It’s not very often that one athlete earn the chance to represent their nation at two Olympic sports. Craig Pickering came very close to doing so.
Now 29 and living in Australia, the former Team GB sprint star nearly made it to the 2014 Winter Games as part of Britain’s bobsleigh squad.
Injury prevented him from making the trip to Sochi, however, and such setbacks are a recurring theme in a sporting career that could have – but didn’t quite – hit the heights.
Crawley-born Pickering burst onto the athletics scene at the age of 18 with victory in a race in which he beat Sydney Olympics 4x100m relay gold medallist Darren Campbell.
Looking back, he’s not too sure whether that win really deserved the hype it generated around him.
“When I beat Darren, he was coming to the end of his career,” Pickering told me. “Three other people beat him in that race, so it wasn’t only me. I think it was made into more of a big deal than the performance warranted.”
His sprinting memories start 13 years prior to the ‘breakthrough’ race in 2005 that his sprint memories start.
“Sprinting was probably the first sport I did, but more as a play-based activity. I have strong memories aged five of winning my first sports day by a long way, and also beating kids a few years older than me. But I never pursued athletics outside of sports day, really. One of the problems was that I genuinely didn’t know how to.”
“I was by no means a serious athlete aged 14 or 15, even though I was winning national championships”
Dreaming of becoming a professional footballer, Pickering’s then-PE teacher Adam Izzard pointed him towards rugby. However, success in athletics seemed more likely for the 16-year-old, and as the chances of succeeding became more realistic, other sports were sacrificed.
However it took Pickering a while to realise his potential. “I was by no means a serious athlete aged 14 or 15, even though I was winning national championships.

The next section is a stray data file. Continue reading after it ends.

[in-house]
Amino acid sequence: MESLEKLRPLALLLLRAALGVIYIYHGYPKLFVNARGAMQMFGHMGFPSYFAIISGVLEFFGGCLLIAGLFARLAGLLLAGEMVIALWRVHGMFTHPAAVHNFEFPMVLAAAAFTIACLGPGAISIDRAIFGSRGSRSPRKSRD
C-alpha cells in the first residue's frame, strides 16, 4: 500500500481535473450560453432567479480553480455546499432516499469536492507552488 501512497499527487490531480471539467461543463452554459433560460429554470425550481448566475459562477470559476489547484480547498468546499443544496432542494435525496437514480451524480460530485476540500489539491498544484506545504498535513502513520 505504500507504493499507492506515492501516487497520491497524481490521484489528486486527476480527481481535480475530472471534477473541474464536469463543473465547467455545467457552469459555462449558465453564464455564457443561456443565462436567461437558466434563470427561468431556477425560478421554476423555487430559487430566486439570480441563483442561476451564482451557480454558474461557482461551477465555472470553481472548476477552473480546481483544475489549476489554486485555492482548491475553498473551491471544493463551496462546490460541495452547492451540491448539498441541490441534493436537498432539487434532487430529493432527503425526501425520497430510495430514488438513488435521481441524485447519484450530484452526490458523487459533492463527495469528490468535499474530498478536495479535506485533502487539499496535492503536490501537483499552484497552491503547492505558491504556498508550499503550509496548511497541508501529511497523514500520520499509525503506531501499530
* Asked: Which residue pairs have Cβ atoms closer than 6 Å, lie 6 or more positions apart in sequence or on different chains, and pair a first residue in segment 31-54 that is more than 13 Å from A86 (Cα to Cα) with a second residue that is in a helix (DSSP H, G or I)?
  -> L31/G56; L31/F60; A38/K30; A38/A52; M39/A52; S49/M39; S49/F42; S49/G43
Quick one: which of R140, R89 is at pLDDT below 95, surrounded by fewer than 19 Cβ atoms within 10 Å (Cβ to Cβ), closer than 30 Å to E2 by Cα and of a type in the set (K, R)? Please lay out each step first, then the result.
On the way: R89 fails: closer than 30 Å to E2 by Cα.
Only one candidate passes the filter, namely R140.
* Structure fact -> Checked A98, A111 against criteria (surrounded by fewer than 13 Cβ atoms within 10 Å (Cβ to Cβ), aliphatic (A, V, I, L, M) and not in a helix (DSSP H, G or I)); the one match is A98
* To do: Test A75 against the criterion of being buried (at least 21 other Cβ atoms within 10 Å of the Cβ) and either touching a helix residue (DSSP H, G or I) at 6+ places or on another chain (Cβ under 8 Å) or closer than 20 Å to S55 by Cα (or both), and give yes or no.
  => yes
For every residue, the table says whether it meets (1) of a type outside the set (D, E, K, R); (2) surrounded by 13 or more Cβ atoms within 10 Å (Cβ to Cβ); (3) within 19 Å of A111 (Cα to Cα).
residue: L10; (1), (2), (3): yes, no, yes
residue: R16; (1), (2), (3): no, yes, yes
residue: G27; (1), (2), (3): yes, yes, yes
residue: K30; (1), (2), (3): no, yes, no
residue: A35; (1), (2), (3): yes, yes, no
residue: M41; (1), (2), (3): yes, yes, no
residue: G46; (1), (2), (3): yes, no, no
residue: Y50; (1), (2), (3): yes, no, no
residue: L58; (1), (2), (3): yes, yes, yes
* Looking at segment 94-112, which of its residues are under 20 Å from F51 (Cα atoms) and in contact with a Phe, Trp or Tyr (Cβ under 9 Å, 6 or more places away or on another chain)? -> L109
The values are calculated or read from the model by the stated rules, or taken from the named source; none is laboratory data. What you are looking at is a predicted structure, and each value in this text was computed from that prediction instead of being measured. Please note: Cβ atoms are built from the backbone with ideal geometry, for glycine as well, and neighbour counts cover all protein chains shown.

“I think the turning point for me came in 2003, I was 16; I came third in the World Under-18 Championships, and I thought that if I took it seriously, I might be able to get somewhere with my sprinting.”
Two years after this realisation, he found himself crossing the line ahead of Campbell. By now, Pickering had goals in his mind. Everything was geared up for the 18-year-old to burst onto the global scene, but a great 2005 was followed by an anti-climactic 2006.
“It was my first year at university with a new coach, and a big transition period,” he explained. “It’s important in athletics to take it each year at a time.”
So 2006 rolled into 2007, and Pickering won the 60m at the European Indoor Trials and UK Championships in February.
“My goal for 2007 was to get myself back to a decent level. I did not expect to run so fast over 60m, that was a shock, but once I had it wasn’t that surprising that I had a bit more success over the 100m that year.”
By the time the Beijing Olympics came around in 2008, Pickering and the rest of the GB men’s sprint relay squad were seen as certainties for a medal.
But history repeated itself as, yet again, a bad year followed a good one for Pickering. In the 4x100m final, his illegal baton exchange Marlon Devonish led to Great Britain being disqualified.
“It was an important opportunity missed. I should have an Olympic medal, but I don’t and that’s my fault”
It was a blunder that Craig takes full responsibility for. “It wasn’t ideal, but mistakes happen and the important thing is to learn from them. From then my relay performances were much better.